A girl, a bike, and an open road

Said goodbye to my new best friend, the grey stray tabby who runs the parking lot of Rice & Beans, and loaded up for Loreto. Nice to have a rest day; I could’ve stayed in San Ignacio a couple more days (and may in the future) because I’ve reached a point in my life where sitting by the pool drinking beer is second only to sitting in the shade in the town square drinking beer. All I need is something to bullshit with and I’m set!

My makeshift saddle pad..

The road to Santa Rosalía seemed like more of the same, passing over dry, seasonal river beds, past two volcanoes, and more cacti and mesquite than I knew existed. Yucca and cirios abound. I spotted road runners along the side of the road, but no coyotes. Passing between a pair of hills, the view opens wide and the Sea of Cortez appears, the road suddenly dropping down and snaking towards the city.

The town itself feels like an industrial port city, which I suppose it is - a bit on the dirty, polluted side, but an honest dirt. Abandoned industrial buildings and fancy ironwork from the early 20th century tell a story, as does our stop here - the Eiffel Church. Designed by Gustav Eiffel and displayed at the same exhibition as his more well-know tower, it is sectional and prefabbed, built in France and shipped to Mexican for reassembly. The walls are pressed tin, the inner lattice holding the structure up is a delicate version of the iron in the tower.

Iglesia Santa Barbara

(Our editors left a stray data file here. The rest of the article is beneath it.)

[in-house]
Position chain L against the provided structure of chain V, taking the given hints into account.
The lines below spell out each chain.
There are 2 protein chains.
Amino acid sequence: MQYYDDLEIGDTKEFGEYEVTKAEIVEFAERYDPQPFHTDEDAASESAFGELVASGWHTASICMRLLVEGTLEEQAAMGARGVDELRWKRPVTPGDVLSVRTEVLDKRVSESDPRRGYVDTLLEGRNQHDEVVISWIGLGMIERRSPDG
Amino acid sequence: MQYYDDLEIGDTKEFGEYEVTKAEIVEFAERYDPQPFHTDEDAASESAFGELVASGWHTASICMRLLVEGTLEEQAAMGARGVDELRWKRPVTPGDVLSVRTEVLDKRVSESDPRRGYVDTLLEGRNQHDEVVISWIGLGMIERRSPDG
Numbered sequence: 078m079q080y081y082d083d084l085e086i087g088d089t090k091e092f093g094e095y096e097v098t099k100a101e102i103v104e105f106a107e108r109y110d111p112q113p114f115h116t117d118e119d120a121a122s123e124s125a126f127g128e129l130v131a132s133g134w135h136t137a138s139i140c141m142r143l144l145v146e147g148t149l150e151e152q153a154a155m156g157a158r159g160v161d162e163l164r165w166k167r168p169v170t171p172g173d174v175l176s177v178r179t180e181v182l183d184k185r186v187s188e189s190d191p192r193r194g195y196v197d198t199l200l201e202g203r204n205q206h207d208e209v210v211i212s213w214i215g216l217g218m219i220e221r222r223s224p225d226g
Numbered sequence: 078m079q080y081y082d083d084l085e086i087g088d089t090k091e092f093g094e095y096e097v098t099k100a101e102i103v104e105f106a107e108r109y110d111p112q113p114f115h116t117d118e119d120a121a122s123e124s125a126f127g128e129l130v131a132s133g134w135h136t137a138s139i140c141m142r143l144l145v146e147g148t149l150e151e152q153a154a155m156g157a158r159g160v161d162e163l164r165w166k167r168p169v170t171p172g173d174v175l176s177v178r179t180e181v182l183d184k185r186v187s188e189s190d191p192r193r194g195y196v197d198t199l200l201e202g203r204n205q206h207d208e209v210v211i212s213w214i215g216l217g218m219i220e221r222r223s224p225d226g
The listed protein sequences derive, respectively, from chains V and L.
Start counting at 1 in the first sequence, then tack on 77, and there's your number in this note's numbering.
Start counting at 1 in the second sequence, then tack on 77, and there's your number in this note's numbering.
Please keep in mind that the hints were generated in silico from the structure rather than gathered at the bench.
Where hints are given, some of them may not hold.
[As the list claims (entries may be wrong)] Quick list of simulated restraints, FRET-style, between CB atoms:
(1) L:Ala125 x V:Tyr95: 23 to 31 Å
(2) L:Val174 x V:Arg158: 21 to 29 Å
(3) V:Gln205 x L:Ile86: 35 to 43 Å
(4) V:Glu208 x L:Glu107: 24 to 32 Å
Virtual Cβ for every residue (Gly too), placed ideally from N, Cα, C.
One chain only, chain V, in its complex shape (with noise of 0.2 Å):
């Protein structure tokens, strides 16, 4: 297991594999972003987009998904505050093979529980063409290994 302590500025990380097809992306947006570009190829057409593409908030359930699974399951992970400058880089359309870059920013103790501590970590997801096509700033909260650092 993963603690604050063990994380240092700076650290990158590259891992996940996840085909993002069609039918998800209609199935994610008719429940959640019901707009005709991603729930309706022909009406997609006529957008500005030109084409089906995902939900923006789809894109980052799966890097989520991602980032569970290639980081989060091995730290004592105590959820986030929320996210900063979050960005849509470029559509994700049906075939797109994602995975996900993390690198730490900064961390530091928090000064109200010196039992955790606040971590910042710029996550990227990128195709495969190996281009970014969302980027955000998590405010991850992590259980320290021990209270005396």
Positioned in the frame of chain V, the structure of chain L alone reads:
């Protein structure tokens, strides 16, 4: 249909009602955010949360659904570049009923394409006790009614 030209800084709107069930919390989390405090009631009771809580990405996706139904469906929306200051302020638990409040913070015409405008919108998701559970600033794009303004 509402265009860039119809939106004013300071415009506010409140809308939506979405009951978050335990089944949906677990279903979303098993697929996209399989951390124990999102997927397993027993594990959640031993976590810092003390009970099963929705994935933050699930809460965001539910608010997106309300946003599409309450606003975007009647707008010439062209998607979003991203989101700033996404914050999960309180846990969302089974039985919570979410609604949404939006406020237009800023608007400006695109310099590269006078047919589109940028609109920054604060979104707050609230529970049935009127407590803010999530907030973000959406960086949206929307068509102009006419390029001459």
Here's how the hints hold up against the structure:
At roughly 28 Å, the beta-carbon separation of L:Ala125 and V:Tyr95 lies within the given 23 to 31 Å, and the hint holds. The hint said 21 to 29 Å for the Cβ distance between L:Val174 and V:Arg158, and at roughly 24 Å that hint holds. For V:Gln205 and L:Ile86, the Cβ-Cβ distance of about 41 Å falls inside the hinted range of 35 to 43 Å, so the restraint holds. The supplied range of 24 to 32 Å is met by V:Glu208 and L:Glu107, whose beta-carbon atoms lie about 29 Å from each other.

Iglesia Santa Barbara

It being a Saturday, there was a service of some sort, so we kept quiet. Outside we bumped into another tour group, a family on BMW motorcycles - father, son, and “younger lady whose relationship remained murky” from Mexico City. We all compared bikes and told stories about stickers for half an hour - part of life in the motorcycle tribe.

Later on we stopped in Mulegé to visit the old mission that overlooks the town. The 11 of us rolled through the tiny cobbled streets only to find the rustic bridge was being repaired, to back though the village we wound and took the main highway across the river — quite a sight for the sleepy town, I’m sure. The mission itself was built in the mid 1700s, and was being used today for a wedding or communion or maybe a baptism? None of us really knew, and didn’t feel right interrupting.

Julia and the mission

Instead we took photos of the outside and of the view along the river and headed on to lunch at Playa Santispac, a total jewel of a sandy beach with aqua waters and a great bar serving hard-to-beat fish tacos. Several of us went shuffling into the warm waters, hoping to avoid sting rays… I chickened out, scared of the ocean as I am, while the rest of the ding-dongs managed to get pretty far out without getting stung.

There are stingrays out there! WHAT ARE THEY DOING?!?

Just out with some mates getting lunch

MX-1 winds along the western shore of Bahia Concepcion for several kilometers before rising up from the grottoed waters to cut more or less straight to Loreto, and actual Big Town that seems like a major American tourist spot. Our hotel tonight is a SUPER FANCY resort hotel that makes me uncomfortable with its fanciness, but I drink far too much (as I have been doing quite a bit on this trip) and then we wandered the tourist area looking for dinner, finding a brewery that served pizza and spaghetti (look, someone in our group was kind of homesick and tired of “Mexican food”, so we humored him!)

Bahia Concepcion

Can you believe this dump?

Miles: 171

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